Measles-Mumps-Rubella (MMR)

Where can I get the MMR vaccine?

The MMR vaccine is one of the safest and most common vaccines on the market that every child should receive early on. It can safely stave off many preventable illnesses, and ensure children avoid diseases and illness in their early lives.

Pharmaca’s pharmacists are some of the best in their field, and focus on individual counsel and care for each patient. We’ve worked with some of the medical industry’s top professionals in order to provide the best, and safest immunization services across the country.

Thinking of getting an MMR vaccination? Contact your local Pharmaca pharmacy to schedule an appointment.

We’ve been offering many immunizations recommended by the CDC for certain health concerns and before travel abroad for many years. We accept most major insurance providers so that your immunizations can be convenient and affordable.

What is the MMR vaccine?      

The MMR vaccination is one of the most common childhood vaccinations. The vaccine immunizes against measles, mumps and rubella.

The CDC has recommended that children get one dose of the MMR vaccine at 12–15 months of age, and a second dose anywhere from 4–6 years old. The MMR vaccination is a simple shot and may be given at the same time as other childhood vaccines.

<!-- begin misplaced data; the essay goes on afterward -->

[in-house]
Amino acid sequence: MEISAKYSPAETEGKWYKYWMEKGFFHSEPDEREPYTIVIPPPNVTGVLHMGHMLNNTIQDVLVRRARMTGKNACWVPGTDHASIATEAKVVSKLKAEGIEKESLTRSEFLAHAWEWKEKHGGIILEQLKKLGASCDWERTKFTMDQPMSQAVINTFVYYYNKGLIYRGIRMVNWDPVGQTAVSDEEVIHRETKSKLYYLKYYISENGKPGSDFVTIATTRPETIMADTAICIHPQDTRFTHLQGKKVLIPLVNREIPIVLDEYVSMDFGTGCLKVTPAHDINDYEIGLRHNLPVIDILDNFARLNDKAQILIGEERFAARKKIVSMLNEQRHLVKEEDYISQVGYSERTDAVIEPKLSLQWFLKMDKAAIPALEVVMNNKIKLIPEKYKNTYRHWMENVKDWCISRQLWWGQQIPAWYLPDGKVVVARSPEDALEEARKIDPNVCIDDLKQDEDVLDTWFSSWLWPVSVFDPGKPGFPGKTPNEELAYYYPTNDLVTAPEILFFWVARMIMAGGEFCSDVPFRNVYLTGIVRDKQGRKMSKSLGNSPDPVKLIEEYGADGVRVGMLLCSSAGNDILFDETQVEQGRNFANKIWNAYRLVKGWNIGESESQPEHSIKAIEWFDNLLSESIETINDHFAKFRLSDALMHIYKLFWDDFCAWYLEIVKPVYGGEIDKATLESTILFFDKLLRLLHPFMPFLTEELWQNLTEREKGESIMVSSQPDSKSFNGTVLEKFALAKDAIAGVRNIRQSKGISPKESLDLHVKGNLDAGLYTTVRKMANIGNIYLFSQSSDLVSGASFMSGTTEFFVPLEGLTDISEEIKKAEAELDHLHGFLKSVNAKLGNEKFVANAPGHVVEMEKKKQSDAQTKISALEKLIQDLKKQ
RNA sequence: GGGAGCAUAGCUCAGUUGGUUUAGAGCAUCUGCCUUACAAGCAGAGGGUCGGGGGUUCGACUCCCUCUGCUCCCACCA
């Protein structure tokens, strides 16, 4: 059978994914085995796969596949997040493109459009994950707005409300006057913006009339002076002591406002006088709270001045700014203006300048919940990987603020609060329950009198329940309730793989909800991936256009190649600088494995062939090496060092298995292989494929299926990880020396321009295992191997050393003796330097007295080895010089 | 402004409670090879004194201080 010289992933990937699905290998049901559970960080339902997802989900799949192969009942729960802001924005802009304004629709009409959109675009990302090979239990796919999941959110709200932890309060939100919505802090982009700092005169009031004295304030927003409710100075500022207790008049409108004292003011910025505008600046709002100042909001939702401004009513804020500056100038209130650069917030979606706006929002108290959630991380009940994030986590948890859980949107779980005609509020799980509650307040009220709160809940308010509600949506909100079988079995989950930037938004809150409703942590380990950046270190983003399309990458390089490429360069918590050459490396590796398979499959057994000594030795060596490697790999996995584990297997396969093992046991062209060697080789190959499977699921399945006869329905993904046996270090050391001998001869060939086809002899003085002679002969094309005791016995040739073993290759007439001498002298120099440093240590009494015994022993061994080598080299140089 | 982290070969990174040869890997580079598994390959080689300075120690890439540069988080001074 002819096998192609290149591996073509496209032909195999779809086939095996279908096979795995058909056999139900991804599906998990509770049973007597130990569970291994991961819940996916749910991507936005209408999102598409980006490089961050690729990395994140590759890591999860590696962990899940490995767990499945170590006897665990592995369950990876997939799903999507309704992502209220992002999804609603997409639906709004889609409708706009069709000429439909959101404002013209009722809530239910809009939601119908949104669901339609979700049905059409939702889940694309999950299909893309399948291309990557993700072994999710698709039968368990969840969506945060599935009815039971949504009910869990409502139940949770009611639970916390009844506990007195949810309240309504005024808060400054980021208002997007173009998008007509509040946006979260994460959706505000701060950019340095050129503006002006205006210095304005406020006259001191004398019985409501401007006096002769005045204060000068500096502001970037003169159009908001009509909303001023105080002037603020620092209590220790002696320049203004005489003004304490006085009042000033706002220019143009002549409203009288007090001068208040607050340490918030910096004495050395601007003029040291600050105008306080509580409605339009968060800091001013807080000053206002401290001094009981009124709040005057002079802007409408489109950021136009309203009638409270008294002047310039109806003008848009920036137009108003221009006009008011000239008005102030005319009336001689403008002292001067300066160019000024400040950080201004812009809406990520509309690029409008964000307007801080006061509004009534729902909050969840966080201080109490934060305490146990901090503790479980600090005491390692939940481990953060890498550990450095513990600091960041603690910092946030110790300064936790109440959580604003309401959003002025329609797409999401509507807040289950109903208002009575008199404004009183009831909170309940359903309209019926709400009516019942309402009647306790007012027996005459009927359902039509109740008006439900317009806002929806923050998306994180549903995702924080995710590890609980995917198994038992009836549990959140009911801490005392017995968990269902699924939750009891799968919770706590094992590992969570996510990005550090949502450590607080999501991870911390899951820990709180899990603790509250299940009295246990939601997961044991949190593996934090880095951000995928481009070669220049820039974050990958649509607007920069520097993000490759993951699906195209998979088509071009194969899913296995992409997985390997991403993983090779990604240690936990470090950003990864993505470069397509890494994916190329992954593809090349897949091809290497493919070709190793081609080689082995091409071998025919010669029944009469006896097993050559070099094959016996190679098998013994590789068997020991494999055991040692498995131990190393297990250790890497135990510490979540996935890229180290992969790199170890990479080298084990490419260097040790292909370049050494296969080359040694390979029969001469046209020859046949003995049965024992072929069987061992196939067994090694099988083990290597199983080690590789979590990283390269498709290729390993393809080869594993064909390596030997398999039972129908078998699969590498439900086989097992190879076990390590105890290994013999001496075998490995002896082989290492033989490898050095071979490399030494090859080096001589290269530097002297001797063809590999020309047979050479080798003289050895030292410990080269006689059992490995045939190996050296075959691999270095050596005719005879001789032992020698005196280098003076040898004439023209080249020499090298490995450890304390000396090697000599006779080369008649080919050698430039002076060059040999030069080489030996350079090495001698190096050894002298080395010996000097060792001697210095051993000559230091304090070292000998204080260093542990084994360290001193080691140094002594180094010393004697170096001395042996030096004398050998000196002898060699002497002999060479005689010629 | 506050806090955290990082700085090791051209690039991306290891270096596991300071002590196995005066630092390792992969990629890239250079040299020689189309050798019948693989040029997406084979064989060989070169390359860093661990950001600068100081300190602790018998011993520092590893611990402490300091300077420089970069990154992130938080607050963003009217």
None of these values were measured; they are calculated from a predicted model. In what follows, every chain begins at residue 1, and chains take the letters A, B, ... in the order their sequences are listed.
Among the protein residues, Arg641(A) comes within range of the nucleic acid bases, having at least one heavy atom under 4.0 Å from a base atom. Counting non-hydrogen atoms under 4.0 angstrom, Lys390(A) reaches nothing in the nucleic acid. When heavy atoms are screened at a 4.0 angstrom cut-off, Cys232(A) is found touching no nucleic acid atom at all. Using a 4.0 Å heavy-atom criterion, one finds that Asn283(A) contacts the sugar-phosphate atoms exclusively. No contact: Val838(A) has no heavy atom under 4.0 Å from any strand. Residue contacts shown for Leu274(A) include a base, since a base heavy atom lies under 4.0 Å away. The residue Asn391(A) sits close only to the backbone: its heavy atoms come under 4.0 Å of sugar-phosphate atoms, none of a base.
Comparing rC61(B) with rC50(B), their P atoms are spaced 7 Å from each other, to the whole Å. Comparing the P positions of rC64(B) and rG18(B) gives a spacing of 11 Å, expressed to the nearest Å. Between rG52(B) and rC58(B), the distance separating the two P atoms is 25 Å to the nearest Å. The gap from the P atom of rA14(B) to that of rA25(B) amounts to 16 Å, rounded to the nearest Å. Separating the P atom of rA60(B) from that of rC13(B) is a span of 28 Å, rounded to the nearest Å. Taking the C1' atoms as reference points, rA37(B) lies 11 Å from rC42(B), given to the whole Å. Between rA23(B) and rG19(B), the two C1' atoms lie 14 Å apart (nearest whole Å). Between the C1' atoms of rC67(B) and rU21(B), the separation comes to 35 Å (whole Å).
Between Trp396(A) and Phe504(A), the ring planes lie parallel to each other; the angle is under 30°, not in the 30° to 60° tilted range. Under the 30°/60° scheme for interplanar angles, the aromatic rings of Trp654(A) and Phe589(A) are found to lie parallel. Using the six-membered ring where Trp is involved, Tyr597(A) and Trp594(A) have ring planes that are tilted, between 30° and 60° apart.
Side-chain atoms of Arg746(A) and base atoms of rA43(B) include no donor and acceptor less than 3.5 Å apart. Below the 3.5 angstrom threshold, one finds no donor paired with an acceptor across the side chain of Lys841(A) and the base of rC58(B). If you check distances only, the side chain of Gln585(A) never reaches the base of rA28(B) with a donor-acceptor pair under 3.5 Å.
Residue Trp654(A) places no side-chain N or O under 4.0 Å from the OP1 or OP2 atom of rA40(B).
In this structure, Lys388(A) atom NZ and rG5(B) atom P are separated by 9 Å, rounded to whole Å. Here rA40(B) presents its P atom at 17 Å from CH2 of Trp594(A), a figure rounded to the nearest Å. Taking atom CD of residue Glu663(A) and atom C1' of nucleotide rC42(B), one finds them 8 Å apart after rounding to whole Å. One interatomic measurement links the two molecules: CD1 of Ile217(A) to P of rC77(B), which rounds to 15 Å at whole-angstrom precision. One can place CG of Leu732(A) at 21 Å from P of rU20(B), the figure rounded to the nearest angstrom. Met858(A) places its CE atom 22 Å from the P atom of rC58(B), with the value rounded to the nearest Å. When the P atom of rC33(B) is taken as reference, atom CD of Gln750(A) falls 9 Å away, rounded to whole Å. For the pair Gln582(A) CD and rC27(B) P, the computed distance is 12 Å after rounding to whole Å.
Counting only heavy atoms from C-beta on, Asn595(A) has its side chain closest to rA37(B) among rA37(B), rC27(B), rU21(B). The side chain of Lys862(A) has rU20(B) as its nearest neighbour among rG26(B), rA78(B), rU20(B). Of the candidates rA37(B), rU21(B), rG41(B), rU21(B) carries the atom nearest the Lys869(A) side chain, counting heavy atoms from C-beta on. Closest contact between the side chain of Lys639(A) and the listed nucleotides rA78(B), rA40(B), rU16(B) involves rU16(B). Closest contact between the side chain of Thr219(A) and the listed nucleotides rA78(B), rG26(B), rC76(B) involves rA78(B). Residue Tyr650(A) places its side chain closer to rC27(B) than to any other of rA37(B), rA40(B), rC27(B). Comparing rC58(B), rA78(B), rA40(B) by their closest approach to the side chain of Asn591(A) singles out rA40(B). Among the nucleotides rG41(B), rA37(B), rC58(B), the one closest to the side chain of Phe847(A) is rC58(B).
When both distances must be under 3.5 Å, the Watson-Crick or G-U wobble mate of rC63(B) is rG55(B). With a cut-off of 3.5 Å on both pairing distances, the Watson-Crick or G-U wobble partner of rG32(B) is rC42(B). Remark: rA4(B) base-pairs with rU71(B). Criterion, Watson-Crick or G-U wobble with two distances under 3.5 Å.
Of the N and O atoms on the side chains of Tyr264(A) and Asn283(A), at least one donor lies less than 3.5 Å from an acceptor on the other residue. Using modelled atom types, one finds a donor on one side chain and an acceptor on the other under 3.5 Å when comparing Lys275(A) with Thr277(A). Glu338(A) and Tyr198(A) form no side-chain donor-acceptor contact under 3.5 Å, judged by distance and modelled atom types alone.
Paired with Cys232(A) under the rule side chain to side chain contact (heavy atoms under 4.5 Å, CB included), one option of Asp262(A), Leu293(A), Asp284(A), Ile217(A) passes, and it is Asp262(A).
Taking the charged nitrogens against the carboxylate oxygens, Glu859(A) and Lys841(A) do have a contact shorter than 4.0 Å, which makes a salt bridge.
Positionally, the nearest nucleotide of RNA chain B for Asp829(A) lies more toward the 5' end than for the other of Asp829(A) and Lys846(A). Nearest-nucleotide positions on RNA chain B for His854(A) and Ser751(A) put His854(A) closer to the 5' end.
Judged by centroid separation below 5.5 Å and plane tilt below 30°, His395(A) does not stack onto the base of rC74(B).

The MMR vaccine has been proven highly effective at protecting against measles, mumps and rubella, and also highly effective at preventing complications caused by these diseases. According to the CDC, children who get two doses of the MMR vaccine are considered protected for life.

In fact, two doses of the vaccine are 97 percent effective against measles and 88 percent effective against mumps. One dose of MMR vaccine is 93 percent effective against measles, 78 percent effective against mumps and 97 percent effective against rubella.

What is measles?

Measles is a highly infectious illness caused by the rubeola virus.

The measles virus lives in the mucus of the nose and throat. It’s spread in the air and by direct contact with someone who has the virus. The virus can stay active on surfaces and in the air for up to 2 hours.

The reason measles is so dangerous is that you can be contagious for four days before experiencing any measles symptoms. So people that have the virus could easily spread it without even knowing they have it. Not only that, people can continue to be contagious four days after the symptoms of measles go away.

Measles is an unpleasant condition, but it also can pass without treatment within 7–10 days. However, after someone contracts measles, they gain immunity for the rest of their life.